They should end the monarchy now, as they are unelected. They hold no real power, and serve as a reminder that even in a modern country some people are better than others because of the happenstance of their birth.

    • MirthaTidville

      So who would you rather have, the Queen her crown and dignity or president Bliar???…get over your left wing views and grow up lad

      • HappyHighwayman

        I don’t care about dignity. I care about the rule of law, as decided by a democratic process. No more Lords, Kings, Queens, Barons, Princes. Just human beings. God did not choose Queen Elizabeth, fate did, happenstance. To elevate one above many is shameful. I would rather have who we vote for.

        • SimonToo

          I worry about the rule of law as decided by a democratic process. The rule of law as our birthright is preferable to coercion by the 51%.

          • HappyHighwayman

            Oh I see now. You’re a fascist.

  • Simon Fay

    Long serving, quietly dignified, thoroughly stable…and of no more relevance to the on-going experiment carried out on her subjects than a Lady Mayoress opening a flower-arranging school.

    • Edmund Carrington

      “Ongoing experiment?!” “Caliphate?” ….Suggest that you put the foil back on your head before the spooks hear your thoughts.

  • Donafugata

    Having been brought up and confirmed as a Roman Catholic I had a good understanding of the symbolism of the sacrament.
    While watching the Coronation it was the anointing of Her Majesty that made the greatest impression on me.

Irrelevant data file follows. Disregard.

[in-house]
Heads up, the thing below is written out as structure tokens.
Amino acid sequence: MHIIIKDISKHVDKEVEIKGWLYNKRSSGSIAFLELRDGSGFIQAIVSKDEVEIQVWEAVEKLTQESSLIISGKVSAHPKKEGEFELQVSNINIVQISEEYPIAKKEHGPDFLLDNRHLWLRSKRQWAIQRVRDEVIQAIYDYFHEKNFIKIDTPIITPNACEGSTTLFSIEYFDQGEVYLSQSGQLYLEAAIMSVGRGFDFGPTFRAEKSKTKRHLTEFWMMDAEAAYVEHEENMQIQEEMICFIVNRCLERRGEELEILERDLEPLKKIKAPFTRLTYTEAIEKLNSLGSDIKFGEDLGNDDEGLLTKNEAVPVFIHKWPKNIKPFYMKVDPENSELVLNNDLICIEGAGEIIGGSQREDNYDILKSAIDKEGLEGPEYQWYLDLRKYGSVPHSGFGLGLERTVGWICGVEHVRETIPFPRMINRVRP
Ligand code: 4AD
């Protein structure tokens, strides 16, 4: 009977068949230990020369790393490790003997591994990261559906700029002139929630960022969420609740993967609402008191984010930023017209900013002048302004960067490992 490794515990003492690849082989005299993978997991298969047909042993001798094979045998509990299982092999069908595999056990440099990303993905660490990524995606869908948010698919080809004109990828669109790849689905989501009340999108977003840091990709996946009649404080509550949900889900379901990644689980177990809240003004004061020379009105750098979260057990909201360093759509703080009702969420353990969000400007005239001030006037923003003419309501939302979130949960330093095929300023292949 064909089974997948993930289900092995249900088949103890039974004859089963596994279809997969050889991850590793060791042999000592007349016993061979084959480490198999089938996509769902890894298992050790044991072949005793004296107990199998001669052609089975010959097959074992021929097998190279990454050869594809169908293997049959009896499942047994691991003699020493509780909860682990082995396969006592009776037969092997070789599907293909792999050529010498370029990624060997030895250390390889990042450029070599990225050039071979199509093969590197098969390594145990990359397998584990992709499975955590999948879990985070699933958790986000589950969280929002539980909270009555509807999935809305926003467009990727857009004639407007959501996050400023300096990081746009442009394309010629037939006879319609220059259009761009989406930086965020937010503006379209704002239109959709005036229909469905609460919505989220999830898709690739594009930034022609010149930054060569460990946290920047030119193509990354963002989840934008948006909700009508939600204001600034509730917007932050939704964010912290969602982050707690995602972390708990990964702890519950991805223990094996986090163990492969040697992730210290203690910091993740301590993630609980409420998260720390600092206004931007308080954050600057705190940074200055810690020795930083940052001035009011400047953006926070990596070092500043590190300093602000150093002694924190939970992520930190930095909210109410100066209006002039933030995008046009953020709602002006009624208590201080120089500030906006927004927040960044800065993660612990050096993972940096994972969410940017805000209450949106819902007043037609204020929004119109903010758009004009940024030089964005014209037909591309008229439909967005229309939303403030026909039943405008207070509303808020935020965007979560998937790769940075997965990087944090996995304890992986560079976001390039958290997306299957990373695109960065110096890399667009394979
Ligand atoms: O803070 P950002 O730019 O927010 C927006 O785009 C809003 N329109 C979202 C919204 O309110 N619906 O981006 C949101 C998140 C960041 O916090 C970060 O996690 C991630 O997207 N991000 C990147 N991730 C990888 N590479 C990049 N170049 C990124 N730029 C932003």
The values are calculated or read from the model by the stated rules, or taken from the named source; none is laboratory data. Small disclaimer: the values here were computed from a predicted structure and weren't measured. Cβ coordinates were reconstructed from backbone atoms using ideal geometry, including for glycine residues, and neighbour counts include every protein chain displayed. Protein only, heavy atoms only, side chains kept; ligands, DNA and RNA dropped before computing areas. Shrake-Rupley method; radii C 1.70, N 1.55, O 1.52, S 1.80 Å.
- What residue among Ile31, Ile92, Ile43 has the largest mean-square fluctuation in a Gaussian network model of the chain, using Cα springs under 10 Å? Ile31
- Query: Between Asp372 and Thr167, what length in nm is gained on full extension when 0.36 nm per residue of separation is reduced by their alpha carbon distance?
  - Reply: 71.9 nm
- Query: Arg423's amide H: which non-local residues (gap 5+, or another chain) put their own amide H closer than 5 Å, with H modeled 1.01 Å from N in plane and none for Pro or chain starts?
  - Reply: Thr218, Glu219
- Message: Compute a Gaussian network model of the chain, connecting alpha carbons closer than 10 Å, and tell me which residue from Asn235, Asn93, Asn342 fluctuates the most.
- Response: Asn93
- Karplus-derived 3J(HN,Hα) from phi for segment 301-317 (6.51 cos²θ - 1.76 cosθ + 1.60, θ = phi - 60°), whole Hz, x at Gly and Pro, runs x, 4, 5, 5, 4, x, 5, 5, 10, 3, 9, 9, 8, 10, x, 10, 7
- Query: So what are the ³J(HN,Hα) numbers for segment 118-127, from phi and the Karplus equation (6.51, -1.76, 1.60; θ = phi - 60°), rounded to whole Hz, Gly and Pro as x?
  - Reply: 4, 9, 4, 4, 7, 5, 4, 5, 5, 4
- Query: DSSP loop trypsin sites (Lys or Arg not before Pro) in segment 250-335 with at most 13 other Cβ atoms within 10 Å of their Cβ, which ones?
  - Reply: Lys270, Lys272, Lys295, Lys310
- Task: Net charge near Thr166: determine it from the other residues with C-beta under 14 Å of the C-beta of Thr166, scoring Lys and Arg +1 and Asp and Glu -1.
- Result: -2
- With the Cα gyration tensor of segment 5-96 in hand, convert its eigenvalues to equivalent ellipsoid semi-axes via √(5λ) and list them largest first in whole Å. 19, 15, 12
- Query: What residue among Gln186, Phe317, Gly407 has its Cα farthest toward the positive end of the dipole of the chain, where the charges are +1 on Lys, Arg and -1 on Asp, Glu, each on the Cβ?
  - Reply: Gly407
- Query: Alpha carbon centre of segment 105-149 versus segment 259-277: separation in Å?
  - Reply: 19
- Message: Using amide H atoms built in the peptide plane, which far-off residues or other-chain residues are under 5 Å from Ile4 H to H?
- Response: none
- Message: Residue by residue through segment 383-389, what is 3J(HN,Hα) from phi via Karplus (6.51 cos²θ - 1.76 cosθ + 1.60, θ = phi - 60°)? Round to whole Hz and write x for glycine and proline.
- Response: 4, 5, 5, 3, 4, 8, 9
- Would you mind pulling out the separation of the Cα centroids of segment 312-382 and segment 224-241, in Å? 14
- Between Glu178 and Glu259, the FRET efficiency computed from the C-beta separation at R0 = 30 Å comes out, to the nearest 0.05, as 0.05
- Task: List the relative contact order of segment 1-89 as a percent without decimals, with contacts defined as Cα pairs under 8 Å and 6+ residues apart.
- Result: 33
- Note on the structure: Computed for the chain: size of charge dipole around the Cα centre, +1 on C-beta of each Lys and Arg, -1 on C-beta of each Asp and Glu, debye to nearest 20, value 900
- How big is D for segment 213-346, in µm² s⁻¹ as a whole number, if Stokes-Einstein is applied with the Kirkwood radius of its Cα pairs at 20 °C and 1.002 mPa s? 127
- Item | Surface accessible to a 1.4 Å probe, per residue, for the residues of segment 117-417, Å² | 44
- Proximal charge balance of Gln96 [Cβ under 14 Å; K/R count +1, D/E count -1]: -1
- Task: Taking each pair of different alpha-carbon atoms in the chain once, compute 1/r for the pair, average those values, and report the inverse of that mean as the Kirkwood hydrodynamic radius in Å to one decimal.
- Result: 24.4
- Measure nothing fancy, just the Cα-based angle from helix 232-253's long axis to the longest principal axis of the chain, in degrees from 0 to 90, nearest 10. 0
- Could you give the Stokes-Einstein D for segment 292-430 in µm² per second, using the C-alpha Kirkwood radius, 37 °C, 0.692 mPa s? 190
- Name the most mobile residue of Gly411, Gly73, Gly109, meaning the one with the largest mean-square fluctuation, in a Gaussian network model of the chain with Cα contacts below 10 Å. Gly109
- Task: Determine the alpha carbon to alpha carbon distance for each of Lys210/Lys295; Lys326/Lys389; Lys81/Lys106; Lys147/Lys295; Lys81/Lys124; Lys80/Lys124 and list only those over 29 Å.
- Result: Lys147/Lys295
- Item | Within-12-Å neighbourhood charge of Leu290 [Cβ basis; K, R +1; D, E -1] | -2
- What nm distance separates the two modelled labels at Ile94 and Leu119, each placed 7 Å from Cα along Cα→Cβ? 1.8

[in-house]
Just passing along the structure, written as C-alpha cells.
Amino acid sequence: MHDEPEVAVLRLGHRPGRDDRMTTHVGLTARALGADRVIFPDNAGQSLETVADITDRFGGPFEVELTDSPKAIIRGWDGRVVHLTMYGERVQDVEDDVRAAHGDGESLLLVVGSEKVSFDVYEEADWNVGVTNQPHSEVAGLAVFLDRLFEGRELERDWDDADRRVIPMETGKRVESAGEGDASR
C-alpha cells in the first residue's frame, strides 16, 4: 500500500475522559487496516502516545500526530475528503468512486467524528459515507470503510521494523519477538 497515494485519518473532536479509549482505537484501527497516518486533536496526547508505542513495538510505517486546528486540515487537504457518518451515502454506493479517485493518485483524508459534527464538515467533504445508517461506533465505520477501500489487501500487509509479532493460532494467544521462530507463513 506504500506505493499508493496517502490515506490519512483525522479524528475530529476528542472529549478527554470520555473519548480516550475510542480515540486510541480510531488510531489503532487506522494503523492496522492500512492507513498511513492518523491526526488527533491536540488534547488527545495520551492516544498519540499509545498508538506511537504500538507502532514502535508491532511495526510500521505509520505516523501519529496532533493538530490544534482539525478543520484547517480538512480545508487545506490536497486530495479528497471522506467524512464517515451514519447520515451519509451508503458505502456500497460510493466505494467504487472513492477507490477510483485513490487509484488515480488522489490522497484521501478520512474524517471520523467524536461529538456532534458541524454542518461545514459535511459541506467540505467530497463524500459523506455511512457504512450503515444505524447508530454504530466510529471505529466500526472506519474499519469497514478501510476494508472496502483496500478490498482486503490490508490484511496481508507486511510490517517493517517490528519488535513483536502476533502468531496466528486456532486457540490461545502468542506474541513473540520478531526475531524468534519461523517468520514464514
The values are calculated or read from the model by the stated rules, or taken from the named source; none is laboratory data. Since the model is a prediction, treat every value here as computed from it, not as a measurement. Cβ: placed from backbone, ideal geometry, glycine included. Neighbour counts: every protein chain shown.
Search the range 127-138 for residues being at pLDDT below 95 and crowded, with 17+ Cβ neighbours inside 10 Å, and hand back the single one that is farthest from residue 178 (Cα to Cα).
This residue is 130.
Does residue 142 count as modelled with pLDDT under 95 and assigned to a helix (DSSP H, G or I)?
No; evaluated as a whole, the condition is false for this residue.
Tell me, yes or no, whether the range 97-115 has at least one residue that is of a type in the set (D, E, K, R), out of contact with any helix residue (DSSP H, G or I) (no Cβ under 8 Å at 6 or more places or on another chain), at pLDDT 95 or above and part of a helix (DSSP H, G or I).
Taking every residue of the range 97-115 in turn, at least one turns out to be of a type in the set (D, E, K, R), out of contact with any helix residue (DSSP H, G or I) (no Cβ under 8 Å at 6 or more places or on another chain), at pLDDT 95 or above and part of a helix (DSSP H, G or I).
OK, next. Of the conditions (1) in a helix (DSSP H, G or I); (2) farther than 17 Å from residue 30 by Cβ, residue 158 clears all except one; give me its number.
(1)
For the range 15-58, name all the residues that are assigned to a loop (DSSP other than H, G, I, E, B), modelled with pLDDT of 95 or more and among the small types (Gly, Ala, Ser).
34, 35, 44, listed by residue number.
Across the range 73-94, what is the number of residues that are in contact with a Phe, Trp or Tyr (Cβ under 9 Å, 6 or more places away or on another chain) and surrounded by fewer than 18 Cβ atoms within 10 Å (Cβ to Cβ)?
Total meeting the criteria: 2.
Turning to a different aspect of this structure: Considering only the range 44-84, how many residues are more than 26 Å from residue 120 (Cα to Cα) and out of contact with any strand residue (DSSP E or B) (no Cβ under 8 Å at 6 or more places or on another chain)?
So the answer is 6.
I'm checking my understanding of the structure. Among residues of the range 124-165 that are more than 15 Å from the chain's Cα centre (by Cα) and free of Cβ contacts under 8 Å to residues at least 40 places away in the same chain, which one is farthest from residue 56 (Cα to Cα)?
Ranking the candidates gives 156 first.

She was strengthened and the vicissitudes of sixty years have not touched her as Queen.
    Semper idem.

    • justejudexultionis

      So you accept that the monarch is head of the established religion of this country? Not much of a true Catholic, are you?

      • Donafugata

        The Queen is a truer Queen than Benedictine was a pope.

        This is my country and I am grateful that there is freedom of religion.

        • BarkingAtTreehuggers

          Let’s have another Pope then shall we
          in Avignon-sur-Thames

      • Mynydd

        Which country are you talking about. There as been no established religion in Wales since the 1920s. Get up to dated.

  • Ooh!MePurse!

    Hear, hear!

  • The Masked Marvel

    If one wants reminding that the Queen need not abdicate, look no further than the next time Prince Charles opens his mouth.

    Also, keeping the monarchy perpetually outrages the lefties and media luvvies, which is always good value for money.

    • Makroon

      Quite so. Charlie boy needs at least another two decades to grow up a bit.

  • lookout

    The Americans have the right to bear arms from the writers of the constitution, the writers had lived and seen what befalls an unarmed population. We have had enough examples in the last century to show us totalitarianism awaits the foolish. An armed people is the last and only defence against a corrupt government.

    • the viceroy’s gin

      A slight correction. The Americans recognize the right to bear arms from natural law, not from some puny human beings.

      • lookout

        Fair one, being armed to make a government think again about every man being equal under the law is a basic

    • justejudexultionis